Quit HRT, Cut Cancer Risk

Did last year's news linking hormone replacement therapy (HRT) with an increased risk of breast cancer leave you wondering about the long-term effects of HRT, even after you quit? New research showing that cancer risk drops after women stop taking the hormones should come as a welcome piece of news in an oft-heated debate (Journal of Obstetrics and Gynecology, 2002, vol. 100, no. 6).

The bottom line for hormone therapy is to be certain why you are taking it. Lead researcher Linda K. Weiss, PhD, of the National Cancer Institute in Bethesda, Maryland, studied 3,500 women and found that those who had used an estrogen and progestin combination for more than five years were 54 percent more likely to receive a breast cancer diagnosis while taking the medication than those who never used that type of HRT. However, women who had stopped that HRT therapy at least six months prior to the study's start were no more likely to have breast cancer than those who never used HRT.

"The positive take-home message from this paper is that the risk of breast cancer goes away when you stop taking HRT," says Cynthia Stuenkel, MD, a clinical professor of medicine and endocrinology and metabolism at the University of California, San Diego. "The bottom line for hormone therapy is to be certain why you are taking it. In the past, we had women taking it for long-term prevention of certain diseases, but this isn't the case anymore. If women take it for specific symptom relief, they need to reassess that every year. Hot flashes, for example, go away with time."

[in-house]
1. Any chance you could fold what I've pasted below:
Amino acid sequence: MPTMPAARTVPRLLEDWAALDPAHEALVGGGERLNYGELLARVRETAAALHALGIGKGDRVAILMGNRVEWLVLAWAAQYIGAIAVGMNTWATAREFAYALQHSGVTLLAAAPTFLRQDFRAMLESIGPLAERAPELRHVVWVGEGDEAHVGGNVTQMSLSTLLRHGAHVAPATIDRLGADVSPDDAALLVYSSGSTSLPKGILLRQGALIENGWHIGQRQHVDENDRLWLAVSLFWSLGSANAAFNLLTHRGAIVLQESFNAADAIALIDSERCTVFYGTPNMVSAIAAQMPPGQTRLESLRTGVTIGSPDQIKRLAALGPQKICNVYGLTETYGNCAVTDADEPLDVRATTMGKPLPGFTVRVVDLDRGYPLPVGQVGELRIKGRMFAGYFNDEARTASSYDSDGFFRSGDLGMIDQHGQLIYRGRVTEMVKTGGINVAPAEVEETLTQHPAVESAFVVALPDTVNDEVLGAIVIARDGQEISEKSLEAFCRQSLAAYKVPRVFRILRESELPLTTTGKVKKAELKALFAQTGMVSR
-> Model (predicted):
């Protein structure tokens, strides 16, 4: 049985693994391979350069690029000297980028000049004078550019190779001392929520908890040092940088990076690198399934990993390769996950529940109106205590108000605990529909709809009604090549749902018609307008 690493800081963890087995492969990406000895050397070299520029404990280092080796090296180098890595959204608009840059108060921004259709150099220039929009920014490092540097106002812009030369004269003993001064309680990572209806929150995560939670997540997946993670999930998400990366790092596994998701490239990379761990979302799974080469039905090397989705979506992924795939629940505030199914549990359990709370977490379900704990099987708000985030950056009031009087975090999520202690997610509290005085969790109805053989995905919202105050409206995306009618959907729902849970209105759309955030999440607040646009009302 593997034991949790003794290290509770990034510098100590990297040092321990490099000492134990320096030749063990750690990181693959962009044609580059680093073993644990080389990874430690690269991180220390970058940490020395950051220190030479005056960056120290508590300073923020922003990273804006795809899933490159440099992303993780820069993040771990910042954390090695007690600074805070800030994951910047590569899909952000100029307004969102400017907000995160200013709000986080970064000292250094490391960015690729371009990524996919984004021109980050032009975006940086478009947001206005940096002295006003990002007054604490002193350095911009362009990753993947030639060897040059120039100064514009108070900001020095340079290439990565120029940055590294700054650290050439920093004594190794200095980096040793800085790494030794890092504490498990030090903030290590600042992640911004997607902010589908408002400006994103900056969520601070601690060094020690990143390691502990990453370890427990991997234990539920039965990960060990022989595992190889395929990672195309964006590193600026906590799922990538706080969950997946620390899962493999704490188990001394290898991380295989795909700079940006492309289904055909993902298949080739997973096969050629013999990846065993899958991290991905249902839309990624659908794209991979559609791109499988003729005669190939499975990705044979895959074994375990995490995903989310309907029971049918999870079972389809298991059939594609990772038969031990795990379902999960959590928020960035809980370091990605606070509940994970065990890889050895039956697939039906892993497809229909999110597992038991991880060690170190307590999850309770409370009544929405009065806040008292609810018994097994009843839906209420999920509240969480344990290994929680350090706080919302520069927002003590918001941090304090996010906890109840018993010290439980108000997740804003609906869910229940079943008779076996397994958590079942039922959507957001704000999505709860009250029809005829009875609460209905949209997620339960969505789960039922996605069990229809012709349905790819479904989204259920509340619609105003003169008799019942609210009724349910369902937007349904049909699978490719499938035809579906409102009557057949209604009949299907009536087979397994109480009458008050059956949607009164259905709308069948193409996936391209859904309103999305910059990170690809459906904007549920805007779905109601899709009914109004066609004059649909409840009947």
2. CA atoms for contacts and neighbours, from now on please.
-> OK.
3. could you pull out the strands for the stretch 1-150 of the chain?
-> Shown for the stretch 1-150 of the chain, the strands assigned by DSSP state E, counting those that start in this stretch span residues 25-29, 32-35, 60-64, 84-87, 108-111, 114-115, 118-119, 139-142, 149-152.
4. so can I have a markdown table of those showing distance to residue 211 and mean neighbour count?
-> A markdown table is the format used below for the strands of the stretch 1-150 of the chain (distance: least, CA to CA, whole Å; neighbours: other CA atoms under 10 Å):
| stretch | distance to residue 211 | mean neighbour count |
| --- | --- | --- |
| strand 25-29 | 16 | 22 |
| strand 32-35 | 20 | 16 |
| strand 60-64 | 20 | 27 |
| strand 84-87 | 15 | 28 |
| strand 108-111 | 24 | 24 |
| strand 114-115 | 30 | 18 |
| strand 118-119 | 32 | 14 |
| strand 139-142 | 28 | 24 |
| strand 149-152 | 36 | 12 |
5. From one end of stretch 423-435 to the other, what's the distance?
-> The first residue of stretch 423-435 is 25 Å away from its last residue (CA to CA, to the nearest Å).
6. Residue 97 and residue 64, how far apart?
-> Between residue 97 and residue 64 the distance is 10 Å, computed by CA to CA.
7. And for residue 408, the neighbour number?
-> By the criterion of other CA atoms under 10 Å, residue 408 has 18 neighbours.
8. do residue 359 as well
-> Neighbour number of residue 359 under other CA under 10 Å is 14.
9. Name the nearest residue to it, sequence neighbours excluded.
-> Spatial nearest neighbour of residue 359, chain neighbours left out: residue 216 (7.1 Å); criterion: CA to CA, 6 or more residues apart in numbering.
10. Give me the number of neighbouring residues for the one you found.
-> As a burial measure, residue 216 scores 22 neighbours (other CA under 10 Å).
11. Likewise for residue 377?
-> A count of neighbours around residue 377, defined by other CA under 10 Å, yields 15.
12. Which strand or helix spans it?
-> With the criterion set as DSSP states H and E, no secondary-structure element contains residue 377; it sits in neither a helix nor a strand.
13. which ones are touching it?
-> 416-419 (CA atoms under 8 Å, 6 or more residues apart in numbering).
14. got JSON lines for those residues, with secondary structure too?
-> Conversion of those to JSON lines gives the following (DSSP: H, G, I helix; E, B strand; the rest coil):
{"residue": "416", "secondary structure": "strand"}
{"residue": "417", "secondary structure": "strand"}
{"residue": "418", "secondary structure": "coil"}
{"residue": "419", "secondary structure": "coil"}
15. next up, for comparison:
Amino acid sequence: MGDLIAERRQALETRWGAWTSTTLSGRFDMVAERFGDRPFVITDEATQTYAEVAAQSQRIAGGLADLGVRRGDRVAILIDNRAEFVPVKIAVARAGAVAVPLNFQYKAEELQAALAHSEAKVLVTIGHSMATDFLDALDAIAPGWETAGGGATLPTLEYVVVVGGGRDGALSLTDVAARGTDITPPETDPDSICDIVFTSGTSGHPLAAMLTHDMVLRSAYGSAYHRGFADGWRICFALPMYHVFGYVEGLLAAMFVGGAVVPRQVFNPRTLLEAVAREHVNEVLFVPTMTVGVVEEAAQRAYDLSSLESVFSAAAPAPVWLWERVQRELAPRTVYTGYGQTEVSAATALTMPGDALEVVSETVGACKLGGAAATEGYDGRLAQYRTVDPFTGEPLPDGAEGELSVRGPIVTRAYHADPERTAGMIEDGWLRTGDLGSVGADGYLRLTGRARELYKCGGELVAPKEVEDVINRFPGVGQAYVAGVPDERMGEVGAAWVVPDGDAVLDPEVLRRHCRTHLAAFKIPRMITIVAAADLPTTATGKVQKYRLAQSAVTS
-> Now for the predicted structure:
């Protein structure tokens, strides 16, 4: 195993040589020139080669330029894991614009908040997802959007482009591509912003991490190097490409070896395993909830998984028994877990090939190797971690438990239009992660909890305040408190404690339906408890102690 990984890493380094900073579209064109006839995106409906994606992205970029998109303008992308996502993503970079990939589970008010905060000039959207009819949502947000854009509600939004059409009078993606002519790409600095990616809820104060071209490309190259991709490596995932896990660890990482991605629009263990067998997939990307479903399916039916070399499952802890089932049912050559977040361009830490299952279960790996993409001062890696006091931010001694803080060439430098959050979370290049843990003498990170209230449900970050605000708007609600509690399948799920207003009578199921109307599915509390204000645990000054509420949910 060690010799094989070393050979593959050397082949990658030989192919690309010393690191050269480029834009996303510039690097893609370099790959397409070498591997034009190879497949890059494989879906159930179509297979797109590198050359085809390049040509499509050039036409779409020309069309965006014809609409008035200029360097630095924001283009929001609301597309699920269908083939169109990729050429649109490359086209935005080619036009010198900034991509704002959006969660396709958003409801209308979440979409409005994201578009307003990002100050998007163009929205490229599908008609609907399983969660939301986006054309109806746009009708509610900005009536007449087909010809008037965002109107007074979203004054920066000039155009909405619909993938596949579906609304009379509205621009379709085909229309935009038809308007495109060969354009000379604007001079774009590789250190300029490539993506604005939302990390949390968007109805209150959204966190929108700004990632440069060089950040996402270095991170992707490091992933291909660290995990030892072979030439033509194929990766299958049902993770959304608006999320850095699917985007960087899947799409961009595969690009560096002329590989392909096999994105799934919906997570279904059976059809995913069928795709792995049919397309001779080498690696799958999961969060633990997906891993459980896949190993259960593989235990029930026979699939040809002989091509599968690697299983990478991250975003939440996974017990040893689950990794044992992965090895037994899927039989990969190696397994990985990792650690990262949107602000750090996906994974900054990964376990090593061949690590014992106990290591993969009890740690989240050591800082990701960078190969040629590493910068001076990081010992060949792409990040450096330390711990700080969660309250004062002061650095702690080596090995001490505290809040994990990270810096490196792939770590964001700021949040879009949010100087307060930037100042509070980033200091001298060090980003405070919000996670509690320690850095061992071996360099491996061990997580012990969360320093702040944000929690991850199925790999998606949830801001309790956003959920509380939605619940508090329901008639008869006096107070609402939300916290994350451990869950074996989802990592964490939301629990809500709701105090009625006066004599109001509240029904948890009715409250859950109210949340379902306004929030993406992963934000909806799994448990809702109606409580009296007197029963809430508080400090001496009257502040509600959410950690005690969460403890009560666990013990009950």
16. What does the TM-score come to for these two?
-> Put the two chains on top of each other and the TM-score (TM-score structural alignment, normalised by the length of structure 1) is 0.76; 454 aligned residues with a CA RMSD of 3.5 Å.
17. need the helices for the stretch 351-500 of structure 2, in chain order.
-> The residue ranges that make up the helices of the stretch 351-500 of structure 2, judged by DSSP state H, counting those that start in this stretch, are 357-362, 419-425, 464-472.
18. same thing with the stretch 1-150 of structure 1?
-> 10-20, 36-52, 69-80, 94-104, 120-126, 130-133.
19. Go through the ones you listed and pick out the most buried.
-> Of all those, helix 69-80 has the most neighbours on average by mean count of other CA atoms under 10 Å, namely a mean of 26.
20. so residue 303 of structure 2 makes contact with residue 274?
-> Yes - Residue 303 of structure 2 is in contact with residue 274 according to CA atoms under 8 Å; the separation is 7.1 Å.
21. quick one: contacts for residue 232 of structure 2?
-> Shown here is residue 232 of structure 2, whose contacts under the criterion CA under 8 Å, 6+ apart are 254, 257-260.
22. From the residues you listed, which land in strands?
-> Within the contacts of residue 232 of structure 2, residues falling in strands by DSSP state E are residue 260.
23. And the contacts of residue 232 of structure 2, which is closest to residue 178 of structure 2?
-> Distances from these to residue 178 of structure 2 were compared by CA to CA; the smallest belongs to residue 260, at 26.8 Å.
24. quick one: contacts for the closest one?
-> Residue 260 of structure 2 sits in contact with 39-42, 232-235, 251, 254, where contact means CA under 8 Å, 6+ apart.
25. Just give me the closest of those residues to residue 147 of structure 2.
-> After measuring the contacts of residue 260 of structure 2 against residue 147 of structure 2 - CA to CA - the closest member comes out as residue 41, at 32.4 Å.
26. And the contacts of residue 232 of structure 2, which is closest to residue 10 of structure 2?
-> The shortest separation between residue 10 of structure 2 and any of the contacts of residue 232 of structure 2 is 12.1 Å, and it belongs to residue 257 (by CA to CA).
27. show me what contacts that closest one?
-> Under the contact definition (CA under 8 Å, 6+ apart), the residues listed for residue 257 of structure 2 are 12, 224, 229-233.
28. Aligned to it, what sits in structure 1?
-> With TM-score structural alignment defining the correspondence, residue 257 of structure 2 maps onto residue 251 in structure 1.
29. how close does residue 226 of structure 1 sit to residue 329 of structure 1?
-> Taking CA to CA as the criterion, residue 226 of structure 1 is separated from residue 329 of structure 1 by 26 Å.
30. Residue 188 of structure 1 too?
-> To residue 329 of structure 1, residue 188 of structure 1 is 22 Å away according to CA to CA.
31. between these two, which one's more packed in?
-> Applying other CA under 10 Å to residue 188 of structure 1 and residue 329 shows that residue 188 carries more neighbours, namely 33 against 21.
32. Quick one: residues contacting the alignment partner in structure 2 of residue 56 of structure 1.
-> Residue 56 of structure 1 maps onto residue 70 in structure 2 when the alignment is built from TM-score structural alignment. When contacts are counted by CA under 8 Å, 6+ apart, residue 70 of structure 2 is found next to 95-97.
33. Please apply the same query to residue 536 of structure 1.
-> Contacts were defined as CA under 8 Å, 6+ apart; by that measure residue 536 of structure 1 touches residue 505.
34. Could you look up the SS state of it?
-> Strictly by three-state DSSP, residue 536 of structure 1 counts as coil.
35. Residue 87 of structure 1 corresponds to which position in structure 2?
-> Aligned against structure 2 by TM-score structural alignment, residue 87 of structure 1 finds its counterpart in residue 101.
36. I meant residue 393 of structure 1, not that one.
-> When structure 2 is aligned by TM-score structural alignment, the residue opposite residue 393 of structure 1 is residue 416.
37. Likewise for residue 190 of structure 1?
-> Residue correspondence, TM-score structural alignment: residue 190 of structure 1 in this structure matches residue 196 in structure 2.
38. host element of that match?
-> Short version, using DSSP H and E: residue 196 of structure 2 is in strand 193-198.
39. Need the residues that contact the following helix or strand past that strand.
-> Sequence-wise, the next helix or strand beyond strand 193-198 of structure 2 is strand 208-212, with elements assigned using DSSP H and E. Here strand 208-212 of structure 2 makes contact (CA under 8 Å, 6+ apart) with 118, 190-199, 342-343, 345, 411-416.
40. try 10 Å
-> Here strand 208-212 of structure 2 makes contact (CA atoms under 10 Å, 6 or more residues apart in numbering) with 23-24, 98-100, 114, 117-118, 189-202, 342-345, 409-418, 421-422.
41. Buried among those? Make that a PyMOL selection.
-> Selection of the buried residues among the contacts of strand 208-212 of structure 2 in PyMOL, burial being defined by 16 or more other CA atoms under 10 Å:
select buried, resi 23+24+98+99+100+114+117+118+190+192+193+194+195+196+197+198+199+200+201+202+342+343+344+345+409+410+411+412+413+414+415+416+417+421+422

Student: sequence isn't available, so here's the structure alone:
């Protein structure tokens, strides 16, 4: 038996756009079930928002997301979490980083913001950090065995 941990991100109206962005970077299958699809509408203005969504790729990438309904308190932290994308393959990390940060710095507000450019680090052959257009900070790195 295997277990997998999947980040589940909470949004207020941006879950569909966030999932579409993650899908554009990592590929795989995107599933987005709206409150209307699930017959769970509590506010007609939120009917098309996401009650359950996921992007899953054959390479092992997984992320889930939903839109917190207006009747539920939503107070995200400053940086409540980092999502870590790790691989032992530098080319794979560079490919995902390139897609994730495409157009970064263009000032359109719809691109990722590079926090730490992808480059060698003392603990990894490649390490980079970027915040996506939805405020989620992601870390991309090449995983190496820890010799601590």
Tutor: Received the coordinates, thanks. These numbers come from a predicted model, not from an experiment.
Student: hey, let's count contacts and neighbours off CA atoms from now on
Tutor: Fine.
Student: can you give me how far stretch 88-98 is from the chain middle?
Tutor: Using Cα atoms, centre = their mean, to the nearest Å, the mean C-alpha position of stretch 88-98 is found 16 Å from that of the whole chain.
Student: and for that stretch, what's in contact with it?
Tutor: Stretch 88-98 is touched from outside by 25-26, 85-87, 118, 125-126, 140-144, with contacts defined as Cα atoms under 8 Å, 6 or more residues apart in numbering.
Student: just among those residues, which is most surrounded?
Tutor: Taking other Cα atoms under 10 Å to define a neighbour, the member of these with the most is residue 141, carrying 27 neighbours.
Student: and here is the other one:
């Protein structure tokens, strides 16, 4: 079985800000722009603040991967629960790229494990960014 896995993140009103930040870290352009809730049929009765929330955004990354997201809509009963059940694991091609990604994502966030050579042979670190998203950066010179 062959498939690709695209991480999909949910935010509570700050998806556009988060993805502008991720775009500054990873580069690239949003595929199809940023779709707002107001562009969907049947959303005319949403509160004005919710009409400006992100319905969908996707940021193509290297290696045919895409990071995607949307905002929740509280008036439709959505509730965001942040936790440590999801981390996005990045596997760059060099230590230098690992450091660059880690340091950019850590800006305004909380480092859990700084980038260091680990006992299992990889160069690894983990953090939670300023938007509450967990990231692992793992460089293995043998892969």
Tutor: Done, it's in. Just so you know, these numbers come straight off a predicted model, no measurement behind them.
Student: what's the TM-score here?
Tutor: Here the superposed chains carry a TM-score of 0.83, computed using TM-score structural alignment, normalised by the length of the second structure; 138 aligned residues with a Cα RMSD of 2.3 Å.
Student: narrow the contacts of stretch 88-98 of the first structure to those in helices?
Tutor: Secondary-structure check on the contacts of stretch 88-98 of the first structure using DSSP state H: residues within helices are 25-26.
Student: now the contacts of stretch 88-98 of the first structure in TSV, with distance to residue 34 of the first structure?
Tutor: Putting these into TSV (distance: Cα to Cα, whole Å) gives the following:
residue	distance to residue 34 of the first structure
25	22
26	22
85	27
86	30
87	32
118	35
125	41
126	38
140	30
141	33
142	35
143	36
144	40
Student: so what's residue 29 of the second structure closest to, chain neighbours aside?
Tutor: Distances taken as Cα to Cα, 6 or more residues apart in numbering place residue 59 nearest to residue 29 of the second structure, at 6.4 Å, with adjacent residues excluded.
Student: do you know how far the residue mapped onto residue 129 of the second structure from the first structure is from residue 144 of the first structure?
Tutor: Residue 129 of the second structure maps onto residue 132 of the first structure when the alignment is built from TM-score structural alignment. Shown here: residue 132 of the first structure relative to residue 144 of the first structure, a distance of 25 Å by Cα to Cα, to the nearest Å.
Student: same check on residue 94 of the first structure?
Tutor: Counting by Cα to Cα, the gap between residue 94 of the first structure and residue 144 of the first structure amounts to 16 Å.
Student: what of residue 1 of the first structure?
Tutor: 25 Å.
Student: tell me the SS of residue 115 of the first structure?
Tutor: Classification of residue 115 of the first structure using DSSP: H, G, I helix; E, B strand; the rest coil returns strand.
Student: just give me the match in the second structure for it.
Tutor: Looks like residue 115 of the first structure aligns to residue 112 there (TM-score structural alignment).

Robert Spirtas, DrPH, who helped analyze data for the study, notes that pregnant women and women who take birth control pills are also at an increased risk of breast cancer. As with the HRT findings, when women stop taking oral contraceptives or are no longer pregnant, their risk returns to its previous level. "As scientists, we do the best job we can of supplying the potential risks and benefits, but not all of us are clinicians," says Spirtas. "It's the doctor's job to talk to women about these risks and benefits and help each woman ultimately make the decision about how she wants to treat her symptoms of menopause."

—Shanti Sosienski